Amid all the greatness at the SAG Awards on Sunday night, one actor teased a project we’re all dying to see happen. SAG-AFTRA union president Gabrielle Carteris commented on rumors about a Beverly Hills 90210 reboot, though she stayed relatively mum when pressed for details by Entertainment Tonight.
Carteris, who played bookish Andrea Zuckerman on the original Beverly Hills 90210, said there have been recent meetings concerning a reboot. “I can tell you that’s true,” she admitted. However, she wouldn’t add much more. “I can’t say anymore than, you know, [that] if you loved us then, may you love us now,” Carteris told ET.
Although she couldn’t reveal any reboot details, Carteris did reflect on what it means to reunite with the Beverly Hills 90210 cast now. She said, “You know what, I can’t even tell you how exciting is to be with my castmates. I love them so much and for us to have all these years — we’ve had our children now, and we’ve been doing our lives, and we’re coming together. I don’t know what it will look like right now. We’ll have to see.”
These comments are really exciting, especially coming on the heels of cryptic updates from Carteris’ castmate Tori Spelling. The Wrap reported in December that the new series, which will include several members of the original cast, is still early in the development process. At the time, it hadn’t even been attached to or picked up by a network yet. With Spelling and Carteris creating a small chorus of voices talking about the reboot, we’re hoping to get more information about it soon.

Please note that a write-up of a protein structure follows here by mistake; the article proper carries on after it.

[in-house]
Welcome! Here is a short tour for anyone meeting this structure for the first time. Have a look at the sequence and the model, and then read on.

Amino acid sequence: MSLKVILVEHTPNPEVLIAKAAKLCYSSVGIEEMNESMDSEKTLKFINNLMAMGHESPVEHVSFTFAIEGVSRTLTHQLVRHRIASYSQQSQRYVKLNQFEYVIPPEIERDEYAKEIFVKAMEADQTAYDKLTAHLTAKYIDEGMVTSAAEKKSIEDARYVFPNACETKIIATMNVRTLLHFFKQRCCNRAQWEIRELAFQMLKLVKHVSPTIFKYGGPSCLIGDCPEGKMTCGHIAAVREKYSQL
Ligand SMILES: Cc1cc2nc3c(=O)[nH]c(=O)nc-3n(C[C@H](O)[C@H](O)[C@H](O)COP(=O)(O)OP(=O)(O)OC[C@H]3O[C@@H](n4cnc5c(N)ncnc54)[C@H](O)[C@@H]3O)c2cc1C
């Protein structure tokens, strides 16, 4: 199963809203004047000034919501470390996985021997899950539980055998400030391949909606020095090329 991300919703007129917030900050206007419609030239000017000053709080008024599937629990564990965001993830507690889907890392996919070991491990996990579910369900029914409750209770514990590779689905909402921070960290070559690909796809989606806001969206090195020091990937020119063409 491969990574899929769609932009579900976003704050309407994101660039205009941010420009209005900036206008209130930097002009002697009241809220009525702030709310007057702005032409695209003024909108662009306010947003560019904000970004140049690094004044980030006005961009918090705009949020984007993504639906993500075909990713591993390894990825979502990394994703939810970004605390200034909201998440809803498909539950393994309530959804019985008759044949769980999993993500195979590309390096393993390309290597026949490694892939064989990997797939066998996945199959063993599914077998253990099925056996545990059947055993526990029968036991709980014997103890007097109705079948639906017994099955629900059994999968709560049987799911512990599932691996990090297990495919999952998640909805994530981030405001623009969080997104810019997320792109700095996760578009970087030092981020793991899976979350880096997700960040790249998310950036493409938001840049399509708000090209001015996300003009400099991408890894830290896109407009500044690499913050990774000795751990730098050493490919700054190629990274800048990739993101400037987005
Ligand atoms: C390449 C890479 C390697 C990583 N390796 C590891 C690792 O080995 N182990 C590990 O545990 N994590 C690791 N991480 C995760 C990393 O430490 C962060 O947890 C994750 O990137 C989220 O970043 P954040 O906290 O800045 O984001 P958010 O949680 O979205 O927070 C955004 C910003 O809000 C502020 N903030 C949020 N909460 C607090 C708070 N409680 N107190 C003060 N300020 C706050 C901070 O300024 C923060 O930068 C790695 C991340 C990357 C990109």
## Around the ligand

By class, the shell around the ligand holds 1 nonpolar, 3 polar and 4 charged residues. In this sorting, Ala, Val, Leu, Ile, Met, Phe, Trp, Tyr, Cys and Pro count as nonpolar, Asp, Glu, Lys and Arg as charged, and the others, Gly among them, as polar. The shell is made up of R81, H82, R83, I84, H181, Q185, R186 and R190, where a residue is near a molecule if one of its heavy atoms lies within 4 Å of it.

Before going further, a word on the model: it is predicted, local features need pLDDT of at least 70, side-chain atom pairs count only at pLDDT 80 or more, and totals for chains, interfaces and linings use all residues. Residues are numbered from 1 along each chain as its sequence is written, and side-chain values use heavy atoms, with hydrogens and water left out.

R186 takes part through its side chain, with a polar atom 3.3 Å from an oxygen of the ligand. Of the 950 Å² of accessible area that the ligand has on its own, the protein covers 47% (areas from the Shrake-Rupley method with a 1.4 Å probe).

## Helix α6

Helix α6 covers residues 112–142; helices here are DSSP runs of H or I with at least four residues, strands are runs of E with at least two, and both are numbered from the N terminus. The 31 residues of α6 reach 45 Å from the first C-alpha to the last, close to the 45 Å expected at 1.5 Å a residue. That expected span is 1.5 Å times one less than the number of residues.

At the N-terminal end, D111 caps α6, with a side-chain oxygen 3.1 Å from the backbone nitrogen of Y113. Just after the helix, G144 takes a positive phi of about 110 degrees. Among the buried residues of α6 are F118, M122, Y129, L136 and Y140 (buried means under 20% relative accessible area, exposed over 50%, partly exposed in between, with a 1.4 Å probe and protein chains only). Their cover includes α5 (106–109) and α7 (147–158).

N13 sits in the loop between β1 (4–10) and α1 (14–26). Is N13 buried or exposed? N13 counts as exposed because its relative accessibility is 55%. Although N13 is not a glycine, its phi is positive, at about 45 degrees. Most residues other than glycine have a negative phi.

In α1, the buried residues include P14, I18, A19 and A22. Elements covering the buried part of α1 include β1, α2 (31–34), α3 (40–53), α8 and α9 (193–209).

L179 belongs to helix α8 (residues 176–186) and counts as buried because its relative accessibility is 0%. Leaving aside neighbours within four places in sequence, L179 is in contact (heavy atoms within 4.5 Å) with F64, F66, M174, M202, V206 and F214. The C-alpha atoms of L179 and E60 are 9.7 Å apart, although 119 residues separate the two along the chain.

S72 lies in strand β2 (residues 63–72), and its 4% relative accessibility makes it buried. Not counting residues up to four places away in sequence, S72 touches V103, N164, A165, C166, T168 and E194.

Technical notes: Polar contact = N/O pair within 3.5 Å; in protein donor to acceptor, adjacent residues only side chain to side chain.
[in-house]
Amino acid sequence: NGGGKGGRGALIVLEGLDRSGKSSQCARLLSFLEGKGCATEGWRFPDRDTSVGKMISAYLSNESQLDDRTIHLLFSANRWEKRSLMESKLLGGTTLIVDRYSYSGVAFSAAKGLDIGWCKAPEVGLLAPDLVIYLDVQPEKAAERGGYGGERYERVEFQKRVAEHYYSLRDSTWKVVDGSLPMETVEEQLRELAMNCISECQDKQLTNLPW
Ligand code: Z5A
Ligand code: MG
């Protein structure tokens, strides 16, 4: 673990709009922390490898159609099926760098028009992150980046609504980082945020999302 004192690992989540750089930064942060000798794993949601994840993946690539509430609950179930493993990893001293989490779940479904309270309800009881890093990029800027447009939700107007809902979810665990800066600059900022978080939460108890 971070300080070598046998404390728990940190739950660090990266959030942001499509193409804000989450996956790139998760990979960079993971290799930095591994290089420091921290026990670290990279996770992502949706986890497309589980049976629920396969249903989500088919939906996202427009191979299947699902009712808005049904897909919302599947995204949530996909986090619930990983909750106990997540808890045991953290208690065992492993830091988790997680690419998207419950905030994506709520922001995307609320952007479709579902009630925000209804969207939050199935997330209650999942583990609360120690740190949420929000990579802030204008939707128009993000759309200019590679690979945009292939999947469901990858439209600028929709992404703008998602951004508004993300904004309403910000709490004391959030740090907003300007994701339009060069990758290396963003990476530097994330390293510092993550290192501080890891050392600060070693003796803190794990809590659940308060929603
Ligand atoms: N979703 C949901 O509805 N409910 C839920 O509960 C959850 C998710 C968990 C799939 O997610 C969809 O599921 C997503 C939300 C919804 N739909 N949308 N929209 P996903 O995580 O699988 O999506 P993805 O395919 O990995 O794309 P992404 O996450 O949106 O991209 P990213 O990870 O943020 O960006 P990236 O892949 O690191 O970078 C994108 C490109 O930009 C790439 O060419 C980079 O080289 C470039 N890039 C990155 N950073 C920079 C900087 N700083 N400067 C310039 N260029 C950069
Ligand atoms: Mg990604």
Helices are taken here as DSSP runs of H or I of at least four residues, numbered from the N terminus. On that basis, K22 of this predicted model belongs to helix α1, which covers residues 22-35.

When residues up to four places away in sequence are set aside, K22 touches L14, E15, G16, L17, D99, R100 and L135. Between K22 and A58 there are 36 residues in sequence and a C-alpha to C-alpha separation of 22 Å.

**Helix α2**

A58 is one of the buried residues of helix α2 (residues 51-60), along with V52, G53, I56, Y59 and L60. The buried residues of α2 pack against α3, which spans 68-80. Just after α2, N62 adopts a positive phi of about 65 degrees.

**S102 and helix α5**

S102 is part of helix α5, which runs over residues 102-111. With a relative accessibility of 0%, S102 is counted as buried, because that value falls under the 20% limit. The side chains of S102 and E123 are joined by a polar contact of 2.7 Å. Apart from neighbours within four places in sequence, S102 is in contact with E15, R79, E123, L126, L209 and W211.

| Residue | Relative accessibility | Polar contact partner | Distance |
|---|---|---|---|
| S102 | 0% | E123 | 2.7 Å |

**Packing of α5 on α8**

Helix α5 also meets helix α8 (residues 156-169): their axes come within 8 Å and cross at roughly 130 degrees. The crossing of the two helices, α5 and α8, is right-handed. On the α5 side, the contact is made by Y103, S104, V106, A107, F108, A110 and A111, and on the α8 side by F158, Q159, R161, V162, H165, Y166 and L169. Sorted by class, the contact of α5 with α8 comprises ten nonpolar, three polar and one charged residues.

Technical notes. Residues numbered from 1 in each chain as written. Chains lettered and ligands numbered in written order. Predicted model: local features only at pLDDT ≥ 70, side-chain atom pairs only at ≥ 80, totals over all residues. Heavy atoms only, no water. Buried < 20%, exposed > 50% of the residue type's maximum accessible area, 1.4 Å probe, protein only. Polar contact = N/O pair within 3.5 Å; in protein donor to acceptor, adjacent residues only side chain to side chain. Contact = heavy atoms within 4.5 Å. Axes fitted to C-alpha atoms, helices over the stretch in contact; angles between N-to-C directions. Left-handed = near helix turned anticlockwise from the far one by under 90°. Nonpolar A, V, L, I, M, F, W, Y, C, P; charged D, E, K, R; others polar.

In the meantime, Carteris also talked to ET about how exciting and special the SAG Awards are, especially in the middle of such a packed awards season. “Twenty-five years and we have some of the original first-time winners here tonight,” she said. “I mean, having Tom Hanks and Jodie Foster, both of them here who won the first actor awards, [is] crazy. We love award season, and all of them are so great. But all of the actors I talked to say this one is a little bit more special for them because they say it’s their peers saying, ‘Job well done.’”